Hey There!

I'm working with some huge data values and all roads have pointed me to the package Rmpfr. The package relies on the GMP library to allow the use of arbitrarily large numbers. However, I'm having some issues as the package seems map "large" values to another value based on the precision of the initial value. Here are some simplified examples to demonstrate the issue:

# Runs as Expected (returned value = input value)

```
mpfr(8888588858885888,1000)
#> 1 'mpfr' number of precision 1000 bits
#> [1] 8.888588858885888e+15
mpfr(4949494949494949,1000)
#> 1 'mpfr' number of precision 1000 bits
#> [1] 4.949494949494949e+15
```

# Not Run as Expected (Chooses value based on 1) digit after 16th and 2) how many digits after 16th)

```
mpfr(49494949494949490,1000)
#> 1 'mpfr' number of precision 1000 bits
#> [1] 4.9494949494949488e+16
mpfr(4949494949494949000,1000)
#> 1 'mpfr' number of precision 1000 bits
#> [1] 4.949494949494948864e+18
mpfr(4949494949494949888,1000)
#> 1 'mpfr' number of precision 1000 bits
#> [1] 4.949494949494949888e+18
mpfr(4949494949494949444,1000)
#> 1 'mpfr' number of precision 1000 bits
#> [1] 4.949494949494949888e+18
mpfr(4949494949494949333,1000)
#> 1 'mpfr' number of precision 1000 bits
#> [1] 4.949494949494948864e+18
mpfr(4949494949494949111,1000)
#> 1 'mpfr' number of precision 1000 bits
#> [1] 4.949494949494948864e+18
```

I also tested this package's utilities out on some hexidecimals:

```
hex <- "0xfe5b64749cdd0a9834badcf852e7c99f53eb773ec24365853fb03356101928fb"
mpfr(Rmpfr::asNumeric(hex),10000)
#>115048939941552632549260648248461595656614636984310649728136178763075311108096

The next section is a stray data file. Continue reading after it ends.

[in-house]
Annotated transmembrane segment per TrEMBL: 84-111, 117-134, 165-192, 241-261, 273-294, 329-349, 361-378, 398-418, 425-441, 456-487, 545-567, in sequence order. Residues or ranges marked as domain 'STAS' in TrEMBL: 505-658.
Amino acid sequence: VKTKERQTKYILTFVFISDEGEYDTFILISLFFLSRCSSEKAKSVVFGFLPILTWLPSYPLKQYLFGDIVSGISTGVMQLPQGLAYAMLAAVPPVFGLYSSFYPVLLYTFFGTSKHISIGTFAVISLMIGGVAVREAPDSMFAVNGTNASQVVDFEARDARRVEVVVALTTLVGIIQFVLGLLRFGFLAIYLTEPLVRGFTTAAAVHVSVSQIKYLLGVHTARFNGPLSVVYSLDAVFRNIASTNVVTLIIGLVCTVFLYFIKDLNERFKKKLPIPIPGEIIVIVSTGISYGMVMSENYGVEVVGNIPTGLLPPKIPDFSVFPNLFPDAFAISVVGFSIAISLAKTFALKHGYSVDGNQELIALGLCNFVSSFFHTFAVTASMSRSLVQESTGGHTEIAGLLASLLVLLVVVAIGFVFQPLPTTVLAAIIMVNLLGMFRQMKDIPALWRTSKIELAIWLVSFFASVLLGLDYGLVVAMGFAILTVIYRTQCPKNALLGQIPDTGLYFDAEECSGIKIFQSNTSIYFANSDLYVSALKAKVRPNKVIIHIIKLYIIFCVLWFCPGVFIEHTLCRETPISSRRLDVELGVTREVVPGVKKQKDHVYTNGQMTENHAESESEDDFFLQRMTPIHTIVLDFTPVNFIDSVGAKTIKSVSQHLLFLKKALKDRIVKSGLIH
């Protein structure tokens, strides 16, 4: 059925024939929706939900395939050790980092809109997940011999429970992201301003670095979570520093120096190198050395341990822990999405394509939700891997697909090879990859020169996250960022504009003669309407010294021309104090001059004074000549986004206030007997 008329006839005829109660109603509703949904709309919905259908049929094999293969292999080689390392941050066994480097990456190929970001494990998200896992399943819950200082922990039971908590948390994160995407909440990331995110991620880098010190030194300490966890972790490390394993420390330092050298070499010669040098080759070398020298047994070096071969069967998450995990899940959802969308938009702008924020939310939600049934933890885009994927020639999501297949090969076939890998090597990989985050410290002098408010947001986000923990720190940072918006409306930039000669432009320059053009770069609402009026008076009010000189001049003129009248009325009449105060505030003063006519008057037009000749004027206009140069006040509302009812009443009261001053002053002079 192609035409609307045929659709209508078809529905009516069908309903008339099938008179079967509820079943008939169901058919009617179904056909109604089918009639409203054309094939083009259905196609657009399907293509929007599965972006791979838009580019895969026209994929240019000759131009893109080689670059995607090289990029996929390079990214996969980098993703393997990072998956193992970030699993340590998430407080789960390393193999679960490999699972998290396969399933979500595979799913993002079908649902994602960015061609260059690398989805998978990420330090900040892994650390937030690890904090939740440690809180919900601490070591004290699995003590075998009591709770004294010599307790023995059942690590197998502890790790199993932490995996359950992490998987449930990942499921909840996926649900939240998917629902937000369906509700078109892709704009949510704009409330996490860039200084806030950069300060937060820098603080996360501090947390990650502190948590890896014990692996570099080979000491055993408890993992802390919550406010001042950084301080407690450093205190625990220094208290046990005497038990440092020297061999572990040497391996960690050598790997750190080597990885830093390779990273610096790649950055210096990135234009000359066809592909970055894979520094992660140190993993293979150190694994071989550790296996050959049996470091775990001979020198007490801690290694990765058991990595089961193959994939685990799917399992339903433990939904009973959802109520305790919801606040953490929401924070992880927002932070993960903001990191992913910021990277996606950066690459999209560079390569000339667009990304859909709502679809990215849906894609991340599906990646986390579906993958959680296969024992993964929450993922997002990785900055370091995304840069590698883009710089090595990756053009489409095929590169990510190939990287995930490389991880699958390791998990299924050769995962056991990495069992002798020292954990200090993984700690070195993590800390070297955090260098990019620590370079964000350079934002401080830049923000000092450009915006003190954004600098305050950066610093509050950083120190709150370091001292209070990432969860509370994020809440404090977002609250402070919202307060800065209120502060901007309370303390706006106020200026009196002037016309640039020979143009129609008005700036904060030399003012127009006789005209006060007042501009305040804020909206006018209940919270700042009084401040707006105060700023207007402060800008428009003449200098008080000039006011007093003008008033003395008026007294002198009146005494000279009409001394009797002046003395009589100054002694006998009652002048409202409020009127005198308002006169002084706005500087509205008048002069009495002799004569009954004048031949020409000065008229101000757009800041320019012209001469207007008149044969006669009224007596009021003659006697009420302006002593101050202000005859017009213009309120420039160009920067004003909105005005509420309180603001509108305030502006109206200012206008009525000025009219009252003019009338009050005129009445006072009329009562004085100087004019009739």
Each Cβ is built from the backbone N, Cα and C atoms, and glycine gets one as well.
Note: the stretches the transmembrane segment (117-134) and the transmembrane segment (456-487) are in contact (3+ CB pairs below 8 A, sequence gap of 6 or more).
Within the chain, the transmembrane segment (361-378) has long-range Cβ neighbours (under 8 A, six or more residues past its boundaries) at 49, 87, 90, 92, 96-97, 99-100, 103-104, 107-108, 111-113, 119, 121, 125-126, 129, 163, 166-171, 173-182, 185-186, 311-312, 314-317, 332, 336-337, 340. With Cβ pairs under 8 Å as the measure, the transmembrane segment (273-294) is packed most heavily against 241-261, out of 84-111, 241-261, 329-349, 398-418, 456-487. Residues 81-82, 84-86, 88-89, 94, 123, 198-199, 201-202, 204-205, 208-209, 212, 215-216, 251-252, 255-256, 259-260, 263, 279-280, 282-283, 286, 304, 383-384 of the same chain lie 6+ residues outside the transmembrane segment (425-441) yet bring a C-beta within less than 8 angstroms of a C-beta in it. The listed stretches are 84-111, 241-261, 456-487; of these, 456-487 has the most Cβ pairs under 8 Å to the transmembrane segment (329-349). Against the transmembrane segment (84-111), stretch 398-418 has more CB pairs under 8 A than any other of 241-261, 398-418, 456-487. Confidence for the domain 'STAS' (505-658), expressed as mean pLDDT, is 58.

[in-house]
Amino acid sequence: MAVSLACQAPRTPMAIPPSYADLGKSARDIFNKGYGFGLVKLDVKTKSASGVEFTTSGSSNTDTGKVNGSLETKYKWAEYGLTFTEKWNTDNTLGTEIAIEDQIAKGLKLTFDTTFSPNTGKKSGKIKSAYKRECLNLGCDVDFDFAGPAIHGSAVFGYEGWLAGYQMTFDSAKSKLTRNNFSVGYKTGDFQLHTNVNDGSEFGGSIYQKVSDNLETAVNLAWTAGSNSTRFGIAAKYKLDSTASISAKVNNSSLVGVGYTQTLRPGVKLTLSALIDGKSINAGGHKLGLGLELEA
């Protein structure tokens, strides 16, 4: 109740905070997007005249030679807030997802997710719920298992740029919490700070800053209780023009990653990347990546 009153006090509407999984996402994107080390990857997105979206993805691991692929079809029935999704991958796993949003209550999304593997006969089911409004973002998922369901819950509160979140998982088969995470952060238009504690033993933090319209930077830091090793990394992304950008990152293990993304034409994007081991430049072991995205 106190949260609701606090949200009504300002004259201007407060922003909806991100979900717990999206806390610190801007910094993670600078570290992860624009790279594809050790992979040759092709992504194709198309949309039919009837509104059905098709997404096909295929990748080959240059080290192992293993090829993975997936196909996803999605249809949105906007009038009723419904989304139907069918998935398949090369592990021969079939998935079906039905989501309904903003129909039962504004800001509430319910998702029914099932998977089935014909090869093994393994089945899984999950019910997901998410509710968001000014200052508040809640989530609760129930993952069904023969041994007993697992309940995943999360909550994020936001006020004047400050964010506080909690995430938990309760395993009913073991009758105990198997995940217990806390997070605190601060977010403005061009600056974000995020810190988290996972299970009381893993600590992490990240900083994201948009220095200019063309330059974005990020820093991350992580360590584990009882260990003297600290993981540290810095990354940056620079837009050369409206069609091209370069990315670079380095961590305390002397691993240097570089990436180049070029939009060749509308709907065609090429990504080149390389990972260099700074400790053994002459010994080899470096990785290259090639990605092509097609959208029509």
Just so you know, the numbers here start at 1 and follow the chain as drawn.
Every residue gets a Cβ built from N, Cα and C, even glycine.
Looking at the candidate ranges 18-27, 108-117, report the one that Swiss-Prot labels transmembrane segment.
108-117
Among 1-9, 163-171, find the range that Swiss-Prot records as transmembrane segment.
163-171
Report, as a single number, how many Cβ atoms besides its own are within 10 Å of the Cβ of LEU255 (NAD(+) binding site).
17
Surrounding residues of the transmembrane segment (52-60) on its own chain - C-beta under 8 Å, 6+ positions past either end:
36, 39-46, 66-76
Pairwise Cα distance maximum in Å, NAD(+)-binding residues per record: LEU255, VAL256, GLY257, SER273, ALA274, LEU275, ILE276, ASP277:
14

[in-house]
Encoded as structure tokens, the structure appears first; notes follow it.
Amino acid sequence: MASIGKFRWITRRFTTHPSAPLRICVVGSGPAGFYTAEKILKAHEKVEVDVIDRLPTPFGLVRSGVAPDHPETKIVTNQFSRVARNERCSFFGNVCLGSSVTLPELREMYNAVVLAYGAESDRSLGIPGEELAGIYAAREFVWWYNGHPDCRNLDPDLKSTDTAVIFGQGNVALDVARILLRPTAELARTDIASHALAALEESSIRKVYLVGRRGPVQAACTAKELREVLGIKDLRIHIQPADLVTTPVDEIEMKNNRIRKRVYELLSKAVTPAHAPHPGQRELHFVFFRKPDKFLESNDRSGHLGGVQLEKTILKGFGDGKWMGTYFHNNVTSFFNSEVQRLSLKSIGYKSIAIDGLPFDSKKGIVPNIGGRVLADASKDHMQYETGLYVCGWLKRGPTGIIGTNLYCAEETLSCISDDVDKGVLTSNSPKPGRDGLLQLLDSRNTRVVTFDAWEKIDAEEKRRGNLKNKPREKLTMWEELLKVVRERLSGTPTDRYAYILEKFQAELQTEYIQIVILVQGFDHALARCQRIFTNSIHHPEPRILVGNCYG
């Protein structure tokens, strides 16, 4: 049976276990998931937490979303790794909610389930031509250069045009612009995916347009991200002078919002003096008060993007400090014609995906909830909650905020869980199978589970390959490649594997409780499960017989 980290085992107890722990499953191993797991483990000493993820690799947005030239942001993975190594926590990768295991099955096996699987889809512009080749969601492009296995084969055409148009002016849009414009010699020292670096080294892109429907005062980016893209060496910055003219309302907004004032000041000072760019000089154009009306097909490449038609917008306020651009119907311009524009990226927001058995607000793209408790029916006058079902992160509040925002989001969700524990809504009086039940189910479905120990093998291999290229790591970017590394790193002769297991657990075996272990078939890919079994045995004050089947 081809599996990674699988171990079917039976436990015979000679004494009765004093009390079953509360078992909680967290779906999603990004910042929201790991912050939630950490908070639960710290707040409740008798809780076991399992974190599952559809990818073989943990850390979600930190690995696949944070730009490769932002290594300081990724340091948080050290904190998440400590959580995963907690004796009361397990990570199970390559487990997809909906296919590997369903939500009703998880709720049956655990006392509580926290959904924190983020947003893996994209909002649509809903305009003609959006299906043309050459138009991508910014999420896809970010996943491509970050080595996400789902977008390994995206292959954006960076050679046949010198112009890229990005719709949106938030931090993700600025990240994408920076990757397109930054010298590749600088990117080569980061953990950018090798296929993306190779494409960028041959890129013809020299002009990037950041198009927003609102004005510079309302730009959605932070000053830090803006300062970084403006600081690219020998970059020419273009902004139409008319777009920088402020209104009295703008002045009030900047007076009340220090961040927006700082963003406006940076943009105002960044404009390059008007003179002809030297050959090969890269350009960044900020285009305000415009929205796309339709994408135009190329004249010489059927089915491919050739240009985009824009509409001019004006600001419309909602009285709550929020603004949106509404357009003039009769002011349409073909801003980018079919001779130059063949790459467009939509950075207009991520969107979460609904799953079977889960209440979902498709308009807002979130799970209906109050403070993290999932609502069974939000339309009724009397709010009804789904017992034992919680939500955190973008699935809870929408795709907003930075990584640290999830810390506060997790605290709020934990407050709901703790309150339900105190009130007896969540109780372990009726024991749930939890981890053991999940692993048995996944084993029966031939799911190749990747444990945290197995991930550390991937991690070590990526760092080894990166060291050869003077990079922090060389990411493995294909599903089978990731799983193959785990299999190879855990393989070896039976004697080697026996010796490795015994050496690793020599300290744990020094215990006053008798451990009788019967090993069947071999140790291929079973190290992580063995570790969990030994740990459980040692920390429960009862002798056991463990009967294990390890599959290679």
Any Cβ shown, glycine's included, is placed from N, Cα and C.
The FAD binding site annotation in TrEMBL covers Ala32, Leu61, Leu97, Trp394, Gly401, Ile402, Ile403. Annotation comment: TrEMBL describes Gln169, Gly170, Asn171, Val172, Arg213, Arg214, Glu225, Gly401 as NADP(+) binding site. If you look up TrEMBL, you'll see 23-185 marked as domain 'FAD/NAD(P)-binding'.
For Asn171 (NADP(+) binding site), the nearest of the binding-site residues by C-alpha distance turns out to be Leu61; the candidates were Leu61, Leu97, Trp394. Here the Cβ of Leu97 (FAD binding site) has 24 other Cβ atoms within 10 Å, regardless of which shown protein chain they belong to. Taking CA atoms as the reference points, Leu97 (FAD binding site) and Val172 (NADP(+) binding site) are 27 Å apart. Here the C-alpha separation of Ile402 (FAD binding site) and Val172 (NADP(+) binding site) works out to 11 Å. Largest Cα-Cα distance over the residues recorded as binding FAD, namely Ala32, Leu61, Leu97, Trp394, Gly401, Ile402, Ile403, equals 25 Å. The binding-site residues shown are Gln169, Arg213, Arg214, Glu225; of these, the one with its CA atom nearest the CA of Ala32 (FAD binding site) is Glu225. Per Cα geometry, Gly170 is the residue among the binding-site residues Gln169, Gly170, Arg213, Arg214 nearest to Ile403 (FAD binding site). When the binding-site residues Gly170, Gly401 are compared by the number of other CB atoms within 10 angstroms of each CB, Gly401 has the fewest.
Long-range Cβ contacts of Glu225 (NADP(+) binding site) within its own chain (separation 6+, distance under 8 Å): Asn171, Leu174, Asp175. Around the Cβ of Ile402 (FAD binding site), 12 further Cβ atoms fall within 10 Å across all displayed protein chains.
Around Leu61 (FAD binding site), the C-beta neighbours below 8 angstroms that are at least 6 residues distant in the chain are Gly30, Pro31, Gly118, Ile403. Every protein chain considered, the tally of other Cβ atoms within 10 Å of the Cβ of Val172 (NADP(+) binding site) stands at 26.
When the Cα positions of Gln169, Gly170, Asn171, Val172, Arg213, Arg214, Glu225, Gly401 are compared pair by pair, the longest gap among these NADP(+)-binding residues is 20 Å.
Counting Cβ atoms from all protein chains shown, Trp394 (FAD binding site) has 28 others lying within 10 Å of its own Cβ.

instead of the correct value of
#>115048939941552636718549134770578535145361984022186965092538353455649250683131.
```

Thoughts?

Hi, and welcome!

Please see the FAQ: What's a reproducible example (`reprex`) and how do I create one? Using a reprex, complete with representative data will attract quicker and more answers. That will reduce community reverse engineering desire disorder.

For the decimal question, I think the function is returning what it is supposed to, which is a `precision`

of 1000 `bits`

, not 1000 `bytes`

representing digits.

```
suppressPackageStartupMessages(library(Rmpfr))
mpfr(pi,1000)
#> 1 'mpfr' number of precision 1000 bits
#> [1] 3.141592653589793115997963468544185161590576171875
```

^{Created on 2020-04-08 by the reprex package (v0.3.0)}

For the second, I think you want to use

```
suppressPackageStartupMessages(library(Rmpfr))
mpfr("7f2d36a2a0007f2d36a2a0007f2d36a2a0007f2d36a2a000", base=16)
#> 1 'mpfr' number of precision 192 bits
#> [1] 3118361524223520784583964884878580812558070356334996529152
```

^{Created on 2020-04-08 by the reprex package (v0.3.0)}

(Didn't have time to take it out to 10K on my puny Airbook)

1 Like

Thanks so much! You're the best and I'll make sure my next post follows those guidelines!

1 Like

I have one follow up comment/question. I previously thought that first function of pi was sound, but after taking a second look (not in the middle of the night my time) I noticed that that output actually differs from that on Wolfram Alpha and what you would get if you used the const function.

```
suppressPackageStartupMessages(library(Rmpfr))
mpfr(pi,1000)
#> 1 'mpfr' number of precision 168 bits
#> [1] 3.141592653589793238462643383279502884197169399375101
```

Any thoughts?

1 Like

Have to confess being clueless about the underlying algorithm questions.

About the best I can offer is the introductory paper describing the implementation.

No problem - Thanks for the reply! My last message was supposed to have the following code as well. Working out the kinks...

```
Rmpfr::Const("pi", prec = 300)
#> 1 'mpfr' number of precision 300 bits
#>[1] 3.1415926535897932384626433832795028841971693993751058209749445923078164062862089986280348248
```

1 Like

Ah! Thanks for the tip. Please mark your answer as the solution for the benefit of those to follow. n